By Sweet Sound of Sunrise
With 23 gold albums to her name and a Grammy under her belt, they don’t call the late, great Celia Cruz “la Reina de la Salsa” and “la Guarachera de Cuba” for nothing.
Born in Cuba in 1925 as the second of what would be fourteen children, Celia Cruz was pursuing her studies to become a Spanish teacher until a relative began bringing her to sing at cabarets. She broke onto the Cuban music scene in 1950 as the lead singer of the Sonora Matancera, a long-running Cuban music group that had already been playing for decades. She stayed with the band for 15 years, gaining fame throughout the country.
After the 1959 Revolution, she and her husband opted to live in the United States rather than return to Cuba. She toured extensively in Europe and Latin America in the 1980s before returning to the United States. There, she continued to perform and even won a Grammy Award for Best Tropical Latin Performance in 1990 for her partnership with Ray Barretto on the album “Ritmo en el Corazon.” She was nominated for several more Grammy Awards throughout the 1990s, and was even given the National Medal of Arts in 1994 by then-president Bill Clinton.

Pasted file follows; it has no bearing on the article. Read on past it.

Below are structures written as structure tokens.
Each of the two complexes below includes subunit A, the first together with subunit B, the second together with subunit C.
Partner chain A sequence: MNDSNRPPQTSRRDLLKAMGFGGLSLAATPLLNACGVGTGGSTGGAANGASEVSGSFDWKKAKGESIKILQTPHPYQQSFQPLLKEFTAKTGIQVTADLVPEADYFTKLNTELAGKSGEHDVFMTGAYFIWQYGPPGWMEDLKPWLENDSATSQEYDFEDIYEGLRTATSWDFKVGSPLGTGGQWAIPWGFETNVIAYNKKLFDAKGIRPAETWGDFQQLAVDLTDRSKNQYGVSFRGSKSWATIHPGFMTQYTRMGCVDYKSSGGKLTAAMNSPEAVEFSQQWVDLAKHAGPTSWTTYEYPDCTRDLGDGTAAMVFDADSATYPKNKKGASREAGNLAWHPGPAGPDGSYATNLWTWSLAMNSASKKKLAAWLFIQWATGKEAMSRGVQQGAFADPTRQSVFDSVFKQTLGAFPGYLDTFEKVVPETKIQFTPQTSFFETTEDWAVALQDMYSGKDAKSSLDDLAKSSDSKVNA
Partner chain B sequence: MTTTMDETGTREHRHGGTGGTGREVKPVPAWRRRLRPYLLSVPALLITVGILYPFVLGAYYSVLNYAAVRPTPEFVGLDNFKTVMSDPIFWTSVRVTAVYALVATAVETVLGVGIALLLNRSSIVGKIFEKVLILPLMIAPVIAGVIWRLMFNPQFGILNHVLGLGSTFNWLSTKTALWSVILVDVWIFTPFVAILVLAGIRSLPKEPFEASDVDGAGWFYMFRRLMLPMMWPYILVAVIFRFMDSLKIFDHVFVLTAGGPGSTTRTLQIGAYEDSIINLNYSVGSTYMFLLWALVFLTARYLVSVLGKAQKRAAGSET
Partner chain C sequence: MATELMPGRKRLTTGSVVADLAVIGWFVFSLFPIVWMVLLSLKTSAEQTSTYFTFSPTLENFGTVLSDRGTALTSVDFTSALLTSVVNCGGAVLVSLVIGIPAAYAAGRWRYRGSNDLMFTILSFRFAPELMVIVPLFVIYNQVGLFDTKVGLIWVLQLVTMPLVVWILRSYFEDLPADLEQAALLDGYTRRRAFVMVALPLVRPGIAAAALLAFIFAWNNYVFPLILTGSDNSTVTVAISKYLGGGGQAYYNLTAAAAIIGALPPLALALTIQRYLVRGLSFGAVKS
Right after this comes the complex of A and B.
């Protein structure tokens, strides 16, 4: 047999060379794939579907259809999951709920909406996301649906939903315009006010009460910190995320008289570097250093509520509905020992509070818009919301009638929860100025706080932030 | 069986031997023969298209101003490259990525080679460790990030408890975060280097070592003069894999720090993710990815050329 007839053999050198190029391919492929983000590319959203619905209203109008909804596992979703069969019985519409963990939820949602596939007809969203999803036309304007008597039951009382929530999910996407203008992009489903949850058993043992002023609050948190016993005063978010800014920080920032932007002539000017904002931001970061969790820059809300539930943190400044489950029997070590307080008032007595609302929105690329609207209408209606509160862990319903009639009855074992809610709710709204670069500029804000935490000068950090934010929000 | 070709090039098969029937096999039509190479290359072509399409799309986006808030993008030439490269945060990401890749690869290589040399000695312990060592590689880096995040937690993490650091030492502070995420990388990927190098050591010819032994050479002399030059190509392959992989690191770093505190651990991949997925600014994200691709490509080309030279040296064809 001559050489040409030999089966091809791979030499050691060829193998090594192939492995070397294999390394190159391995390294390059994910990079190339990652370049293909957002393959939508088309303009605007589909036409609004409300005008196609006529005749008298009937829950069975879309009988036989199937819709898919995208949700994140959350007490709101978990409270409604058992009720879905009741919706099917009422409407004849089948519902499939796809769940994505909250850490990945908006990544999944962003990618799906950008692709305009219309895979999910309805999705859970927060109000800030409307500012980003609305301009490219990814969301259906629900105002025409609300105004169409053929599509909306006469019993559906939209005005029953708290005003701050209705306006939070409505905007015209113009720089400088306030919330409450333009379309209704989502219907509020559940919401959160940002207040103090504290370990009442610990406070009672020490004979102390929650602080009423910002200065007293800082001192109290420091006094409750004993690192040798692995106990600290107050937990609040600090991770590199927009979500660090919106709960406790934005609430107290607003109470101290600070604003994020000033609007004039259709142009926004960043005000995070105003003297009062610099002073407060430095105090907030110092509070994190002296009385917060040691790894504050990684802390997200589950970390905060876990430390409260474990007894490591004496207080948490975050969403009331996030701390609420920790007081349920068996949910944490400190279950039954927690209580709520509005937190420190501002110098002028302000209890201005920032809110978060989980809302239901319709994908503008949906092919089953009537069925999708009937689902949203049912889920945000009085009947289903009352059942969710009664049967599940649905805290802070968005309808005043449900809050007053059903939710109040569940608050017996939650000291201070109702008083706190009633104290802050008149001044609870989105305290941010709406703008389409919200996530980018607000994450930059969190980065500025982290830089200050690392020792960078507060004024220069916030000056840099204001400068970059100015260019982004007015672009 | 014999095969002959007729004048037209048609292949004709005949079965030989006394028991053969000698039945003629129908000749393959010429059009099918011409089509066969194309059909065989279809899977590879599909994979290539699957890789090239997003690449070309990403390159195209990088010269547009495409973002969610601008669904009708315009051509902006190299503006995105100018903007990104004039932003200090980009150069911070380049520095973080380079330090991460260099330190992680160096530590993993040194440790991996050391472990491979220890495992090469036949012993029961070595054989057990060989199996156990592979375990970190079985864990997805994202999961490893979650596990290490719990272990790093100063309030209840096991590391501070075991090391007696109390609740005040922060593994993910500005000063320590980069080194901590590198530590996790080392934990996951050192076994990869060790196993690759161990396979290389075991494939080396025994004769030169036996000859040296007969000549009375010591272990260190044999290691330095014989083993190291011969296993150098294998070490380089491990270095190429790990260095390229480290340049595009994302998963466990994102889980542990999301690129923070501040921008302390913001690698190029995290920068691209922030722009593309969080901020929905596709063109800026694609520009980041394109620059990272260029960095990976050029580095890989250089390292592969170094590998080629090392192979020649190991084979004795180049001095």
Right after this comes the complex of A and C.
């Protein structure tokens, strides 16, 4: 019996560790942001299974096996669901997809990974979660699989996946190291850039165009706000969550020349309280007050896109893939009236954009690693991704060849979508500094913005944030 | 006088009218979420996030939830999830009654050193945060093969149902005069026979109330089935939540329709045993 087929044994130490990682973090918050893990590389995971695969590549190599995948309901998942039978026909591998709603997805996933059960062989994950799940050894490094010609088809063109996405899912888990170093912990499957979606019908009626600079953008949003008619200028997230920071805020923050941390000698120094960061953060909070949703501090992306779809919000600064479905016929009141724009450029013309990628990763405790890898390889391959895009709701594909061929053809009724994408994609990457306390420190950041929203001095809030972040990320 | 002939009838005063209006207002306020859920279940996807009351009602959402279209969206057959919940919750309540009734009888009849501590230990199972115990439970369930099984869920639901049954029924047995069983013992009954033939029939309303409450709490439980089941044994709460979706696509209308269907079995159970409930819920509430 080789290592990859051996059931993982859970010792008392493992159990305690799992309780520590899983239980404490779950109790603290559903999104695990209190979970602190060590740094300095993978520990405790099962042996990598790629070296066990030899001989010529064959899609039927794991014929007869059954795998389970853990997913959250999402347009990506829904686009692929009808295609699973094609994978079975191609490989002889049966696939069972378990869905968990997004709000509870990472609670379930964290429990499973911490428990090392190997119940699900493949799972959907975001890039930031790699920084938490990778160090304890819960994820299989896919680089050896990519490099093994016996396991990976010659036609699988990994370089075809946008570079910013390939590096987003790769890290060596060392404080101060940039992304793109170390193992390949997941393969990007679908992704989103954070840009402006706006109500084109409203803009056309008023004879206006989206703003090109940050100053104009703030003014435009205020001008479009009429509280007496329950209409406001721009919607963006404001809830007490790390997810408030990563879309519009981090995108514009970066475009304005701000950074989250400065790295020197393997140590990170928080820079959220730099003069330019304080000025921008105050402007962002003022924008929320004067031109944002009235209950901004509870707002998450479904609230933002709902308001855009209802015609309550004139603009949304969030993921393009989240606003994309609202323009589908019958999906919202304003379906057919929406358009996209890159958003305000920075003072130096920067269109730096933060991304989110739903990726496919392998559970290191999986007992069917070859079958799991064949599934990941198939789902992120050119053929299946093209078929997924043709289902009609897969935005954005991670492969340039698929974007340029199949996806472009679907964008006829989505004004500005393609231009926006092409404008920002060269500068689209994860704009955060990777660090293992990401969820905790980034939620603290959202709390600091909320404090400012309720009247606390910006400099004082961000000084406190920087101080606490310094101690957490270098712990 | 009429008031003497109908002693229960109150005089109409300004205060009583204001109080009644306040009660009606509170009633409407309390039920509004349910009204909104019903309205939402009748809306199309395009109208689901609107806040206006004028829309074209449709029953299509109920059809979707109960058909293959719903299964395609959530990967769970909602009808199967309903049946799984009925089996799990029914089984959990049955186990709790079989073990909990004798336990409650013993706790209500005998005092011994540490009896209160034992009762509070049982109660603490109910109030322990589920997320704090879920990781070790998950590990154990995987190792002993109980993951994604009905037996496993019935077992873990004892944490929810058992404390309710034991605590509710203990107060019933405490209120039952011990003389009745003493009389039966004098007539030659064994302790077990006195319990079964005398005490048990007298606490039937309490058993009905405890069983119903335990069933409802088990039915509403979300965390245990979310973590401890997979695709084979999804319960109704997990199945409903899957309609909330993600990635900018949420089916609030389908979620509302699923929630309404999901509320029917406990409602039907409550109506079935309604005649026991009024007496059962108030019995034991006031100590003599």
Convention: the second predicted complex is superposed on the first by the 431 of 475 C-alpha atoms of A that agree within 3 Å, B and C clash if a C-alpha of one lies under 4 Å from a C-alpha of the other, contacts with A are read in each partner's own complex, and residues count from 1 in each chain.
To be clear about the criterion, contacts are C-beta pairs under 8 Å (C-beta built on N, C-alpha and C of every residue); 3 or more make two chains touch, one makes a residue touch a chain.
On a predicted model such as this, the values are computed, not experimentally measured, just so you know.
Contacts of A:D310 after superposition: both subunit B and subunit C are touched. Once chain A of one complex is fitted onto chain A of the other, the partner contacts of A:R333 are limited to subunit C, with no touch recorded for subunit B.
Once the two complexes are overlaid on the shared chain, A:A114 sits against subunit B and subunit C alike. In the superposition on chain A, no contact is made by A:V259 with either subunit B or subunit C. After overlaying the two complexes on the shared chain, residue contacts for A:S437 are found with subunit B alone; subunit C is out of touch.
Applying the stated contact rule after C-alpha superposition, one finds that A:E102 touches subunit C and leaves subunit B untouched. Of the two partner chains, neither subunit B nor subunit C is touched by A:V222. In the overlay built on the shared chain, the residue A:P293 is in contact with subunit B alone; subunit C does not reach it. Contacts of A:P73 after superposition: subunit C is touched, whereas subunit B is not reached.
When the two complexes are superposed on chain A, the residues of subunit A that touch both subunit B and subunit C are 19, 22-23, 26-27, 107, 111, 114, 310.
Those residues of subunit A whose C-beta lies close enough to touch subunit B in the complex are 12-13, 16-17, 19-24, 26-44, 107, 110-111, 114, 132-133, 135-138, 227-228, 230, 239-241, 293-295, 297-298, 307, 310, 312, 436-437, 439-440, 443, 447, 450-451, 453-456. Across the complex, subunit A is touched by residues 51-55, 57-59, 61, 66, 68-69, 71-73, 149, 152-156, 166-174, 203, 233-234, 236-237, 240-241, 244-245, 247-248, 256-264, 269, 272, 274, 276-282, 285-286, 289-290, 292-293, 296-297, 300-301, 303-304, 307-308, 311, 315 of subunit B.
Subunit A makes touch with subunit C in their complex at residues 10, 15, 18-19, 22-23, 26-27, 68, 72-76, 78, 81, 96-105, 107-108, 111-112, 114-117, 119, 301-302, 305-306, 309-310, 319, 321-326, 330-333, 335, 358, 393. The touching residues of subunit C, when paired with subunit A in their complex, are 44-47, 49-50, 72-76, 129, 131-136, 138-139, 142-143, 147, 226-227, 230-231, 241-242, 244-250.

Successful right up until the end, Celia Cruz died of a brain tumor on July 16, 2003. Her coffin, sent to Miami, Florida to lie in state, was visited by 200,000 people before she was finally put to rest in New York City. Many cities around the world have memorials dedicated to her name.